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My Four-Step Plan to be as Cool as Jim Taggart

During my rewatch of Eureka (got to watch something during the strike, and this is always in my rotation of comfort shows) I realized Taggart is the best part. He's not a designated hero character, but he saves the day and gets what he wants without unnecessary drama.

I think Jim Taggart is the heart of the Eureka, using science and passion to improve the quality of people's lives, and here's four lessons I've learned from the man who tracked a polar bear across the Arctic, who twice defeated an evil AI (once with paint guns), and dated the hottest girl in town.

I'm not going to ask if I should. I'm just going to do the thing.

Taggart never bothers to ask if he should do anything. Think about it. This guy has lived outside of civilization so often that he's forgotten people expect certain things from certain people. And Taggart isn't the sort of person people expect much from.

And Taggart is the only person who doesn't care.

He saves the day when no one asks him to, even though he's the town dog catcher. He takes it upon himself to cheer people up who wouldn't give him the time of day. He takes on impossible tasks when no one wanted his help.

For crying out loud, he dated Jo. JO!

Anyone else would have doubted themself, saying they were too old, or they weren't cool enough. Fargo never worked up the courage to ask her out, because he'd put her on a pedestal and told himself he could never reach far enough, but Taggart didn't spend any time second-guessing. He knew what he wanted, and didn't care if it made sense.

I'm going to welcome the challenge.

When a giant block of ice nearly destroyed the whole town, Taggart was the only person brave enough to try something impossible and ridiculous to save the day. It couldn't be done, right? Instead of backing down, he said, "I welcome the challenge."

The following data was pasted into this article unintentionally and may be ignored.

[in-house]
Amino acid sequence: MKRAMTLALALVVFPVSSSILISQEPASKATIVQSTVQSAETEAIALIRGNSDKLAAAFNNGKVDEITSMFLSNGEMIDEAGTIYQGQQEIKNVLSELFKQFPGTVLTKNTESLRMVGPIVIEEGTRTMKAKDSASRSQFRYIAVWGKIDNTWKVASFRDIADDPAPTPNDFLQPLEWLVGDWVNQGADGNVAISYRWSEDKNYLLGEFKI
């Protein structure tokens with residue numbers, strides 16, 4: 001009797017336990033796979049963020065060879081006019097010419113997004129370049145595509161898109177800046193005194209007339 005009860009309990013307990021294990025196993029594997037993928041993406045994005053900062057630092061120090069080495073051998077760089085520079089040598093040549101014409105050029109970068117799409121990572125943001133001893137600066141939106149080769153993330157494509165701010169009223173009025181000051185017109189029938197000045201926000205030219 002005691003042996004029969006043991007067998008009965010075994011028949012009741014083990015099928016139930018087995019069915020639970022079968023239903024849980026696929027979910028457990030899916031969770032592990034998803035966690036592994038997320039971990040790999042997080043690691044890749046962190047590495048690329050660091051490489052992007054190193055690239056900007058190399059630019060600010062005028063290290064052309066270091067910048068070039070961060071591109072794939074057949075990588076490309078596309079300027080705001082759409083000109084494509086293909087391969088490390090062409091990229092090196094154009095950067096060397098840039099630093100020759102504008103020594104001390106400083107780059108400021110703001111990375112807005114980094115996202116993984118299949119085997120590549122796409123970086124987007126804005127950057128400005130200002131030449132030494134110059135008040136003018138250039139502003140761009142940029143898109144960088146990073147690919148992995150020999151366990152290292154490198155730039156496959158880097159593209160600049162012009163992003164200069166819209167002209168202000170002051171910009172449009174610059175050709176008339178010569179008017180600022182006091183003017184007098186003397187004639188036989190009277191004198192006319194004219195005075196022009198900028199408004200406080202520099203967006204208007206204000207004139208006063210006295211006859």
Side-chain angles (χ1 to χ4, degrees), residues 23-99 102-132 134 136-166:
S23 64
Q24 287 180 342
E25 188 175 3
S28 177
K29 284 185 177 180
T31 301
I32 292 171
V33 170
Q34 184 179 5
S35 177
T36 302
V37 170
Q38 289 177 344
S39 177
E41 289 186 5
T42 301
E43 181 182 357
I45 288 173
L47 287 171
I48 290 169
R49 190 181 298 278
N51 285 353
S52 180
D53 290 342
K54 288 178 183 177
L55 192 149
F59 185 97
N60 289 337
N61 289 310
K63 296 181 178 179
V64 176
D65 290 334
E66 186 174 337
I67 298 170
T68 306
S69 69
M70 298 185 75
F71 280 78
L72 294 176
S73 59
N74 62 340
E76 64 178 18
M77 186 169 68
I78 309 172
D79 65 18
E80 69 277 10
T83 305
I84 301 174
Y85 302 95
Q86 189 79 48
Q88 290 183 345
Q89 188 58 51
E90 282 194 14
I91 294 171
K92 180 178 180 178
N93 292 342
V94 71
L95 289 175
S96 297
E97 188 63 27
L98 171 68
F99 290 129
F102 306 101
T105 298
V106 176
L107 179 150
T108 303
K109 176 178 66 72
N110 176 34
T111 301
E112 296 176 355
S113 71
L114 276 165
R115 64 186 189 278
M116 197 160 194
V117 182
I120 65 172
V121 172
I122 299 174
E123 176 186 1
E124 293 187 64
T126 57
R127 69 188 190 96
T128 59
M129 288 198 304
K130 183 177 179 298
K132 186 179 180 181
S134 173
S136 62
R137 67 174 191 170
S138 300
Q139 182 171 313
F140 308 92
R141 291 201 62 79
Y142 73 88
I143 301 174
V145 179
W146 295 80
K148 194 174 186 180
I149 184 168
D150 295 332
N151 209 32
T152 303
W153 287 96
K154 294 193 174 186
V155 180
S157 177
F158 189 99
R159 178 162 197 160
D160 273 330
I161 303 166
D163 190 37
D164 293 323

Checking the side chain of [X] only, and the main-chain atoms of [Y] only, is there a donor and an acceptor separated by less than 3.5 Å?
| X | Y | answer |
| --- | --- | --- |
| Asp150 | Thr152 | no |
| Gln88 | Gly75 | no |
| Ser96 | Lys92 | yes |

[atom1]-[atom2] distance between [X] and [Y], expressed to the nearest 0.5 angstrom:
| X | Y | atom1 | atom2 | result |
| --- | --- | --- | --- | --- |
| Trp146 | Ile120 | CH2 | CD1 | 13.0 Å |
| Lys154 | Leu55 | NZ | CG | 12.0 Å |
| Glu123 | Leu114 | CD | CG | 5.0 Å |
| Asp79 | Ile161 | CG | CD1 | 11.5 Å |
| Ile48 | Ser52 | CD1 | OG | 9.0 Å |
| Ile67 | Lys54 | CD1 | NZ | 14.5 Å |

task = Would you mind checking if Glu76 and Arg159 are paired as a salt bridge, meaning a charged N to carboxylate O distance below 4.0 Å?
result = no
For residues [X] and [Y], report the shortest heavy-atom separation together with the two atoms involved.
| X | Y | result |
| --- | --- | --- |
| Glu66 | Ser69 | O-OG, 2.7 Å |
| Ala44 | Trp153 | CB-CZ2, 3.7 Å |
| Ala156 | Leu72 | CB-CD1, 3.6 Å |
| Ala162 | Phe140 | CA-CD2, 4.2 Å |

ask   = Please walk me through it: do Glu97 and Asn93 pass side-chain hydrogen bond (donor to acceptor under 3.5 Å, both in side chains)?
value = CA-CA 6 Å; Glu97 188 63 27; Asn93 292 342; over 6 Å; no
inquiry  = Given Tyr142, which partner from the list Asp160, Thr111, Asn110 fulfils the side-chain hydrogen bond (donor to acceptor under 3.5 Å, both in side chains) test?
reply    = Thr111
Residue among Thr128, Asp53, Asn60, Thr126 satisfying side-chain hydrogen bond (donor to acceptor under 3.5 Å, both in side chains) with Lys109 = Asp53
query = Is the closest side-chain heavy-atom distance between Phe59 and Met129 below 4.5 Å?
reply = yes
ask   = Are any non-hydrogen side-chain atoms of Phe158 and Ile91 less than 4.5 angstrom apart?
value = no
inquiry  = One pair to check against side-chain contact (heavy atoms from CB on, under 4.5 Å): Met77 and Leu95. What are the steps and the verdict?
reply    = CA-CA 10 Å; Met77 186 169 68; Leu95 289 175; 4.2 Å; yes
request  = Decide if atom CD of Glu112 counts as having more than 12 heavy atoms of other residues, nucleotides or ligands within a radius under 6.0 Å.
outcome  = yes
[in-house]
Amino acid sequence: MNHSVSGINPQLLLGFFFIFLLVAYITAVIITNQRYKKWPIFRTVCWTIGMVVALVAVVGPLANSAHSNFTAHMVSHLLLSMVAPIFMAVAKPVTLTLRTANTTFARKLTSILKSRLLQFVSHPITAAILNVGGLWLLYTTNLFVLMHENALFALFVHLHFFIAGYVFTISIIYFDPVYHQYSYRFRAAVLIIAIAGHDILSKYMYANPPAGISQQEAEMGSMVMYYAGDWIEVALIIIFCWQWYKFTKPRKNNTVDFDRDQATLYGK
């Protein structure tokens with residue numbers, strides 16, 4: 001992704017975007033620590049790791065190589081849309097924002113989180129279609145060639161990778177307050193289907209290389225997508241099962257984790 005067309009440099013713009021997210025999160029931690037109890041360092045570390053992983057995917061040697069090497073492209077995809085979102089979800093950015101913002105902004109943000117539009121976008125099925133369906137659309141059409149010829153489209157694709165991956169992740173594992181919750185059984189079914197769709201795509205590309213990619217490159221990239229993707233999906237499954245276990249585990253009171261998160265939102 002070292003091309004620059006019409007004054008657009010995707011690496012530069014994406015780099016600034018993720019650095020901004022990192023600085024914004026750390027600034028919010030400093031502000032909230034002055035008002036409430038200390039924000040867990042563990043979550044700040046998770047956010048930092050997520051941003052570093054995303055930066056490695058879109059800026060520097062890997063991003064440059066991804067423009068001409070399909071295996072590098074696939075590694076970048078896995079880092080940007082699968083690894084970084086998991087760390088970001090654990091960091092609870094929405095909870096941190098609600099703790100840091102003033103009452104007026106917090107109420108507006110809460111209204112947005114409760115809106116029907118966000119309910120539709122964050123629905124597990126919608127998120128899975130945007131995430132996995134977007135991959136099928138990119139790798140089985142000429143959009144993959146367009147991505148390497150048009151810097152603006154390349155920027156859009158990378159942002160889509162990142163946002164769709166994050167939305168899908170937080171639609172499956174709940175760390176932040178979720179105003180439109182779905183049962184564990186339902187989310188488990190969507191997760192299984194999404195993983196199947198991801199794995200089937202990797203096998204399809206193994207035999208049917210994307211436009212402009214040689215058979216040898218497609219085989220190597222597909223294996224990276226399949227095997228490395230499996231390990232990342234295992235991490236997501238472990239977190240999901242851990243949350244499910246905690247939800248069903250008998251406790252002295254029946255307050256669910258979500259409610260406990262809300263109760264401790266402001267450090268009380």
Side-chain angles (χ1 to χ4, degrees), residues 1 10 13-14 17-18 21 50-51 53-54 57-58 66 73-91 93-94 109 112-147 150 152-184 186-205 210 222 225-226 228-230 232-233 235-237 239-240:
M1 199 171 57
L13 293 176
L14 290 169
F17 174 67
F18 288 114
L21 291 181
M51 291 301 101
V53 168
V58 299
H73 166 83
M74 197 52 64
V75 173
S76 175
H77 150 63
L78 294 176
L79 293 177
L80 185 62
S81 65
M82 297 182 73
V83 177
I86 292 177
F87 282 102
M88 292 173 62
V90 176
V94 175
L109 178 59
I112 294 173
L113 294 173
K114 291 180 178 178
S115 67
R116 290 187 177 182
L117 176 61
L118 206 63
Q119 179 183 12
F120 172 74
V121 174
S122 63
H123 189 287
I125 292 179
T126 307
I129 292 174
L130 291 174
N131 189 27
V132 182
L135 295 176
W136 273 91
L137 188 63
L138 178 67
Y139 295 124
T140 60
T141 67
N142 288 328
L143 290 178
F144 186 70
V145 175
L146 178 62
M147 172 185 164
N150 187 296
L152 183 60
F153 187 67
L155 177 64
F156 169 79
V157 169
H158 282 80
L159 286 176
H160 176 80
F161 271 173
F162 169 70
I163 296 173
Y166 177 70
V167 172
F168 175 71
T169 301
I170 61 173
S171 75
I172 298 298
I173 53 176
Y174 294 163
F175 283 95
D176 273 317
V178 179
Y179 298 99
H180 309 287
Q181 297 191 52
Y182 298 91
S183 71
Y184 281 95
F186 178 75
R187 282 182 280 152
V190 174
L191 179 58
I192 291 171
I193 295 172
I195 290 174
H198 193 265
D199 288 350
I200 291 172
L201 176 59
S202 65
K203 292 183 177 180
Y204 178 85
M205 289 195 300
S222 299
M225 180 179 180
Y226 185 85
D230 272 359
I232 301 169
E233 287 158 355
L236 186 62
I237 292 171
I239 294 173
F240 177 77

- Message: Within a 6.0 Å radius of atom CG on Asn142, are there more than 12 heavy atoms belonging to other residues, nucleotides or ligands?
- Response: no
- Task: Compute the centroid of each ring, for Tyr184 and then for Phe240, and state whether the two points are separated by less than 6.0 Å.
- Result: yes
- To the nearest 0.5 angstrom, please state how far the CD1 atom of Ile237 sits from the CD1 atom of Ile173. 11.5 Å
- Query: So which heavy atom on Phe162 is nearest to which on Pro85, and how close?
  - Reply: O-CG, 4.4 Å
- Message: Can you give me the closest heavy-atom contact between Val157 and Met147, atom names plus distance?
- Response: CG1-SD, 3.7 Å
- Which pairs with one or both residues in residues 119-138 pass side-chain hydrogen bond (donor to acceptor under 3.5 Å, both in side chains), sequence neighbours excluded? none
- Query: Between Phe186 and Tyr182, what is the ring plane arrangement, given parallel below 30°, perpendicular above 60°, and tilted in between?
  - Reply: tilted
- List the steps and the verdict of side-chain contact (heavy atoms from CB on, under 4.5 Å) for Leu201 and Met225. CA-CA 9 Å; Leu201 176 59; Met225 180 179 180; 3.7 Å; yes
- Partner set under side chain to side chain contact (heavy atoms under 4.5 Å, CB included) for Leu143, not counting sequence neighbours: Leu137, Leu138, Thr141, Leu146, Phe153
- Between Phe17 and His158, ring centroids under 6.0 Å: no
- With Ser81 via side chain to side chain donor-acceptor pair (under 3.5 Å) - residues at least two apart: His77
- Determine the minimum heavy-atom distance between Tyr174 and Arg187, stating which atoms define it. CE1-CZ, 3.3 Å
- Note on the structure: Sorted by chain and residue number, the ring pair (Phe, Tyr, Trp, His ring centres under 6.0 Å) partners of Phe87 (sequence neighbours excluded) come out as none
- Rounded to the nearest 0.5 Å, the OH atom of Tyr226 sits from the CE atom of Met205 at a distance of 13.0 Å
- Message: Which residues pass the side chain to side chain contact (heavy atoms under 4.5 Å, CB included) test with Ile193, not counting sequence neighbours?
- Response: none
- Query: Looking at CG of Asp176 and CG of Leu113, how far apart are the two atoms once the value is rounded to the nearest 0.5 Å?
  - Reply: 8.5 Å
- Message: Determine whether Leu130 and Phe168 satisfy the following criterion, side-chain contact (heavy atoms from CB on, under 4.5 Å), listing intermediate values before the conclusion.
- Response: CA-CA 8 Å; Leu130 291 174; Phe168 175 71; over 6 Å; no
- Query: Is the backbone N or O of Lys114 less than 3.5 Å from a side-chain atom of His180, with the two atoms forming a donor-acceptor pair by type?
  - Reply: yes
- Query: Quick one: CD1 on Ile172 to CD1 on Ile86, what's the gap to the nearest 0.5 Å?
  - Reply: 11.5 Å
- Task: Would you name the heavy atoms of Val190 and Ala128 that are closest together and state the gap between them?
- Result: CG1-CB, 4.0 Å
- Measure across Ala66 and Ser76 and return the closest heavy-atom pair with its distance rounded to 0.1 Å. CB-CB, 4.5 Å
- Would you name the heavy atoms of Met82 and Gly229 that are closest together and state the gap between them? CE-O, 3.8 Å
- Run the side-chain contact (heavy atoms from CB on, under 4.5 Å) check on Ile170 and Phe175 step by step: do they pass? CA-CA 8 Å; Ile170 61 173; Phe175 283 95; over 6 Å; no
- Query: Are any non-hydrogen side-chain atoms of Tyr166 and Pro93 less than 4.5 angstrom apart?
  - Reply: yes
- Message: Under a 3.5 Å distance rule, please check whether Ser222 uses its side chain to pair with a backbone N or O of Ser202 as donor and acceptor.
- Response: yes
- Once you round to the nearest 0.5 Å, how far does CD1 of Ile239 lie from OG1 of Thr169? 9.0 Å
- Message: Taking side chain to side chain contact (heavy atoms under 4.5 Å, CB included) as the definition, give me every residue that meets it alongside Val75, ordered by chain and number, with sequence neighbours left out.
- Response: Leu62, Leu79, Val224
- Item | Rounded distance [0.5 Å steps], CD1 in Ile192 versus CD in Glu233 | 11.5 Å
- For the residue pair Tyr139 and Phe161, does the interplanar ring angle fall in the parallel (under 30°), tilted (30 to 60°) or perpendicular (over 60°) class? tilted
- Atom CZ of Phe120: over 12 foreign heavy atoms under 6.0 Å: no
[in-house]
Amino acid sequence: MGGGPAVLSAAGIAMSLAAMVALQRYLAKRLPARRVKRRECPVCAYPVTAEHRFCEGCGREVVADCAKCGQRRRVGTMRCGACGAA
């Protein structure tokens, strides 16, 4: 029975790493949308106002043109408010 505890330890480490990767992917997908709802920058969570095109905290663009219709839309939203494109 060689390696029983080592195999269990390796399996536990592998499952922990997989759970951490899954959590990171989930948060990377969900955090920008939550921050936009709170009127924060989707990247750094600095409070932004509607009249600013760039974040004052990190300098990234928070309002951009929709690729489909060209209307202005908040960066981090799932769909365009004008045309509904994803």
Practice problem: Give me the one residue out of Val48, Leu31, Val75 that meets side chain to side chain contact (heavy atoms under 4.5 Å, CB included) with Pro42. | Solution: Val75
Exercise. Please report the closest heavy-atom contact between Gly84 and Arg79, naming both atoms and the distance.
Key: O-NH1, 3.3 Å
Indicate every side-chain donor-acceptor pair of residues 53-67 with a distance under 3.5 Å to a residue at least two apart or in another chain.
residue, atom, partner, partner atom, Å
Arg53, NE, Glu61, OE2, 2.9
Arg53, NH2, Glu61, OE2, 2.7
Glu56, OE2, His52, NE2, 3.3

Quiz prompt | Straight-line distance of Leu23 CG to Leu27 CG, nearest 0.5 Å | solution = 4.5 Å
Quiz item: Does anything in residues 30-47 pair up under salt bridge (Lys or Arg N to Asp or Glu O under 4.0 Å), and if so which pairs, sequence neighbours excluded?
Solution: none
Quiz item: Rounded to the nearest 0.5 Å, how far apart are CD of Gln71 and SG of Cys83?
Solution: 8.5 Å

Try it yourself. Next time something is hard, just put on your best Australian accent and make it your new catchphrase. Like when the waiter recently told me the "Shut the Cluck Up" level of spice was too much for most of their clients. "I welcome the challenge," is what I said, and my co-workers watched me eat the hottest chicken in town. In fact, they were the real chickens that day.

I'm going to suspect everything...

I know what you're thinking. Being really suspicious doesn't sound like a good quality to cultivate. In fact, it sounds like a good way to become that neighbor everyone warns their kids about. But bear with me.

Remember when the AI went crazy and Taggart, ever the hero, took it upon himself to lead everyone to safety? The computer tried to trick him by emulating Fargo's voice... and it sold that act like an umbrella in the Sahara. Taggart was the only person (in a room full of geniuses) who assumed the violent super-computer might try something like that.

Why do I think this is helpful? I do a little work in cybersecurity, and Taggart's tangling with the AI is exactly the sort of battle that's happening all the time. Today's scammers don't hack into your files with quick computer commands and a Monster energy drink. That's TV drama. In real life, they send you an email that looks like it came from your boss. You want brownie points, so you agree to buy gift cards to do them a favor, only to find out your boss didn't ask for them, and the website you ordered them from was a fake that just used your credit card information to buy a boat. Oops.

You want to be safe? Remember, someone is out there trying to impersonate your boss, your friends, or your family. Assume it's a lie, like Taggart, and you won't be screwed.

...but I'm not going to hold a grudge.

After a sad absence, Taggart returns to Eureka after spending some off-screen time in the Arctic with Zane. Zane. The guy who ended up with Jo. And Taggart's spot in the cast. During their time together, we're told Zane wasn't very nice, even by Zane standards.

All in all, Jim Taggart had every reason to hold a grudge against Zane, but, as always, Taggart knows his priorities. He started by making sure Jo was happy. Once that was settled, he took pity on poor Zane, who was obviously going through something, and even risked his life to help him. Why? Because a grudge only weighs down the person holding it, and Taggart didn't track that polar bear across the Arctic by weighing himself down with grudges.

Adam D. Jones is a author, historian, and undefeated cat wrestler. He's also something of a big game hunter himself, having recently survived having a deluxe edition of RISK fall on his head from a closet shelf.


  1. Adam, a totally enjoyable read. Thank you. :) I haven't watched Eureka in too long a time.

  2. Nice opinion piece. I recently started rewatching Eureka myself and relegated Taggart to "also ran" status (waiting for his "Max Headroom" chance at stardom to come along) but now I will watch Mr. Taggart with a renewed interest.


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